The Next Picture Show is one of just five venues to host an impressive collection of paintings shared by some of the world’s most respected artists. Explore a few of the sights at this latest exhibit.
Brand new paintings by some of the world’s most respected watercolor artists will be on display in Dixon, Ill., as part of the National Watercolor Society Traveling Exhibit Nov. 4 to Dec. 31. Dixon is one of just five U.S. communities to receive the honor, thanks to the excellent reputation of The Next Picture Show (TNPS) fine arts center, 113 W. First St.
“We like bringing live paintings –meaning the real thing, not reproductions – to smaller cities across the country that don’t have easy access to major galleries,” says Penny Hill, director of exhibitions at the National Watercolor Society, San Pedro, Calif. “I remember, as a 10-year-old, seeing an actual Andrew Wyeth painting. It blew me away. It changed my life. That’s the kind of experience we like to provide to people across the country.”
Founded in 1920, The National Watercolor Society promotes the best of water media painting, from experimental to traditional, and encourages support for watercolor as an enduring art form.
It’s no small thing for an artist to be included in this traveling exhibit. More than 2,000 submissions from among the Society’s 10,000 worldwide members are narrowed to 98 for the annual show of the Society at its home gallery in San Pedro. From that pool, a selection of 30 watercolors go on the road.
The paintings may be purchased, but not until the five-city tour is completed. Prices for paintings in this traveling exhibit average $1,500 to $9,000.
Visitors will notice a wide range of subject matter and techniques. Some of the subjects are what one might expect of watercolors – still lifes and landscapes. Others are unexpected, like a pile of old farm machinery. No matter the subject, these paintings were selected for the artists’ ability to present something fresh – an edgy point of view, an experimental technique, a new way of interpreting a classic subject, says Hill.
“Watercolor is very hard to do,” says Bonnie Kime, executive director of TNPS in Dixon. “It takes phenomenal talent to achieve paintings like these. The detail they manage to incorporate using this watercolor media just fascinates me. It’s not an easy thing to do, even for accomplished artists.”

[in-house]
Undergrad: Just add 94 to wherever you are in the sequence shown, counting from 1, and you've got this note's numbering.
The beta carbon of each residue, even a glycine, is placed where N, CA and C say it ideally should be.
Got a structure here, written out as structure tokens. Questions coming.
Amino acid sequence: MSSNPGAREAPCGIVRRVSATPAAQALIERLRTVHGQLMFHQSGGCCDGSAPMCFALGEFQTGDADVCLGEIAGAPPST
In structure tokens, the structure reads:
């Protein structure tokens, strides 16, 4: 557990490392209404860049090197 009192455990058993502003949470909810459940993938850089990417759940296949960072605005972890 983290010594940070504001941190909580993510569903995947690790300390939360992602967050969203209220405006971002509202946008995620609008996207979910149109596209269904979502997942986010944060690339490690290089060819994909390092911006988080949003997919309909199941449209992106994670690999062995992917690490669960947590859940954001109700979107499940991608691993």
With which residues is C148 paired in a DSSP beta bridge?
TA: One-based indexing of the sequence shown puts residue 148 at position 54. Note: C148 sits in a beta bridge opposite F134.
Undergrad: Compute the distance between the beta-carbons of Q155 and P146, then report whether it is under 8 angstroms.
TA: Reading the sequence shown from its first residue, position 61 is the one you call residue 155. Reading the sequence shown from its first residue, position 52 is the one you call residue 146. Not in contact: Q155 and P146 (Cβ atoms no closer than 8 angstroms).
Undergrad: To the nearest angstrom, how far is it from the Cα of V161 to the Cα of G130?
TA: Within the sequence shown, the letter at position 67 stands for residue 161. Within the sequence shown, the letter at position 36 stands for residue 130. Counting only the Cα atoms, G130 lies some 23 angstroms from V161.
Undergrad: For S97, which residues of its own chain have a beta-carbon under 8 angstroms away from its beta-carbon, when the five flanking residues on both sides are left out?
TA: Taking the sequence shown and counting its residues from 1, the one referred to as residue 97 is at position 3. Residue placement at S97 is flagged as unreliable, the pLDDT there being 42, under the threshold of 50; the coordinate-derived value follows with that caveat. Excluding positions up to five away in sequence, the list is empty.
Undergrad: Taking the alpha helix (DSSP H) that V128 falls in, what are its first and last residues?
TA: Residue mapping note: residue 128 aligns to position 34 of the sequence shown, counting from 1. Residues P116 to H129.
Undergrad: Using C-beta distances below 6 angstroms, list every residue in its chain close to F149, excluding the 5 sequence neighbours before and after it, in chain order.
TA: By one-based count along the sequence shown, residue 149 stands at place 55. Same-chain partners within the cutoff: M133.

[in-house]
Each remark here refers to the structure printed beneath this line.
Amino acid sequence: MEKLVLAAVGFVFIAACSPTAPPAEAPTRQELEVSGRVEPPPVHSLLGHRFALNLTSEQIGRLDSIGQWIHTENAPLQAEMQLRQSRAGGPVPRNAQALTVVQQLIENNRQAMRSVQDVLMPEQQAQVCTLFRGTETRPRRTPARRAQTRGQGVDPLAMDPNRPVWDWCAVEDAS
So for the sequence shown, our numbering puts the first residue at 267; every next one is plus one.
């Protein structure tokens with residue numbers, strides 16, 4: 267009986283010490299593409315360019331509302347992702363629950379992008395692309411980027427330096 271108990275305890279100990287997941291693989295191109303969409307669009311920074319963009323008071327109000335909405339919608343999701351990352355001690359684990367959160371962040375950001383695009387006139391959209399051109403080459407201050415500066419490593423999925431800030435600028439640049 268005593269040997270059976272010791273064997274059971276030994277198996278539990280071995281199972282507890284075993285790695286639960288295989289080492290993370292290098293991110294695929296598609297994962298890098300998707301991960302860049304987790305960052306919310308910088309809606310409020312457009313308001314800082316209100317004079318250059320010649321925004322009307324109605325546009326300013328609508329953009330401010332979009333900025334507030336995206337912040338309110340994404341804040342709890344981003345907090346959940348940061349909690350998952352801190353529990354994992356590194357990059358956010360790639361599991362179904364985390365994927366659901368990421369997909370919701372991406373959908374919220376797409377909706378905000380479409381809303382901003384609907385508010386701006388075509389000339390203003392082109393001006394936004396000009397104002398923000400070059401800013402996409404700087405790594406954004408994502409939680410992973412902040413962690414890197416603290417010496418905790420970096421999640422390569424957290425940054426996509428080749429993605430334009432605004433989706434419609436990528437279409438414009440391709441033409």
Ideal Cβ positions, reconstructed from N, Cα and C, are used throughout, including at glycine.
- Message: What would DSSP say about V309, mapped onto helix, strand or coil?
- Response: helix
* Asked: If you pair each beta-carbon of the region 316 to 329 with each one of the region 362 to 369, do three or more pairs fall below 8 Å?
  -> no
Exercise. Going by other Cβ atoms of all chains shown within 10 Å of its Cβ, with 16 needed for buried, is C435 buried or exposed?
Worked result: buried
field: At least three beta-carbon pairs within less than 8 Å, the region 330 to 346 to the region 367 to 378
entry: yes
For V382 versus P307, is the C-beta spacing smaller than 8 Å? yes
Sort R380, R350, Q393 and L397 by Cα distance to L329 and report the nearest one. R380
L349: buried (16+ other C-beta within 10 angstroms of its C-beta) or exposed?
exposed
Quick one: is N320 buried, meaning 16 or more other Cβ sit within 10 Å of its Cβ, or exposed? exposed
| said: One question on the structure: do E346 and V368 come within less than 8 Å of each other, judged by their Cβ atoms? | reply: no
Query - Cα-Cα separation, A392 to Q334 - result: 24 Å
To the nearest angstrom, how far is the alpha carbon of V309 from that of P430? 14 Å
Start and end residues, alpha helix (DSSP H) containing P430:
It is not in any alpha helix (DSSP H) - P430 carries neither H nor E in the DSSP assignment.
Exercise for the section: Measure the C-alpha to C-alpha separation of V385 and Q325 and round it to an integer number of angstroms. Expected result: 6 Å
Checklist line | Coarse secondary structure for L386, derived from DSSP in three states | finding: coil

As an example, she points to “Winter Alley” by John Salminen, of Duluth, Minn. The wintery streetscape has a lacy, filagree quality. A large bank of spiny tree trunks at left and a line of tilting telephone poles at right lean toward one another, as two small figures traverse the snowy alley below. The degree of detail is staggering.
Salminen stated in exhibit notes about his painting, “In Minnesota, April can be very unpredictable, in terms of weather. It is not yet spring and rain and snow combine to create beautiful atmospheric effects. I choose to use watercolor because its transparency allows for subtle effects of light and snow.”
Color mixing and palette range are two strengths of watercolor that entice artists, says Kime. “There’s no question that watercolor is just inherently beautiful.”
Midwest painters in particular will enjoy “In a Farm Yard,” by United Kingdom artist David Poxon. The artist describes his subject as “a clutter of old farm machines basking in the early sunlight. Its working life long since past, it is now at rest.”
Poxon used no white paint on the canvas. “I rehearsed the coulourways and shadow structures for the Lister [a brand of machinery] for a whole day before committing to a 15-wash process in pursuit of the blue/green glow which first enticed me to this subject,” stated Poxon.
The face of a man with white hair and beard is the subject of “50 Years Later,” by Myrna Wacknov, Foster City, Calif. “A loving tribute to my favorite face — my husband of 50 years,” she says. The work incorporates collage papers and gesso with the watercolor paint. “I am constantly exploring texture combinations and mysteries,” she says.
Minnesota artist Cheng-Khee Chee sometimes paints on wet paper, as was the case in “Koi 2013 #3.”
“I soaked the Fabriano cold pressed paper until it was thoroughly saturated,” he said. Some people know Chee as the illustrator of childrens books Old Turtle and Swing Around the Sun.
Those who enjoy more traditional watercolor subjects will revel in “Pear Mosaic,” by Marsha Chandler of Douglasville, Ga. The subject is an assortment of pears and shiny silverware scattered on a table. A bit of sky and cloud is reflected in the rim of a pan behind them.
“The effects of light on the pears and silverware are what I painted,” says Chandler. “The shapes of the reflections in the pan and silverware, along with the sky and cloud reflections, create little abstract paintings.”
Dixon is the fifth and final stop for the exhibit, which has been in California, Minnesota, Wyoming and Iowa.
Kime describes TNPS as “a true, blue non-profit with an educational mission.” Therefore, unlike some galleries hosting this exhibit, there’s no admission fee to see the paintings. In fact, hosting the traveling exhibit costs the gallery money in shipping costs, promotion and opening night catering. Those expensess will be underwritten by the Hughes Foundation.
“Because we’ve hosted the Illinois Watercolor National Show exhibit for six years, I really wanted to bring in this exhibit, when the door of opportunity opened,” says Kime. “We’ve reached for the next level.”
The Illinois Watercolor National Show attracts entries from across the nation and its exhibit will be hosted by Dixon for the seventh time, next May 1-31.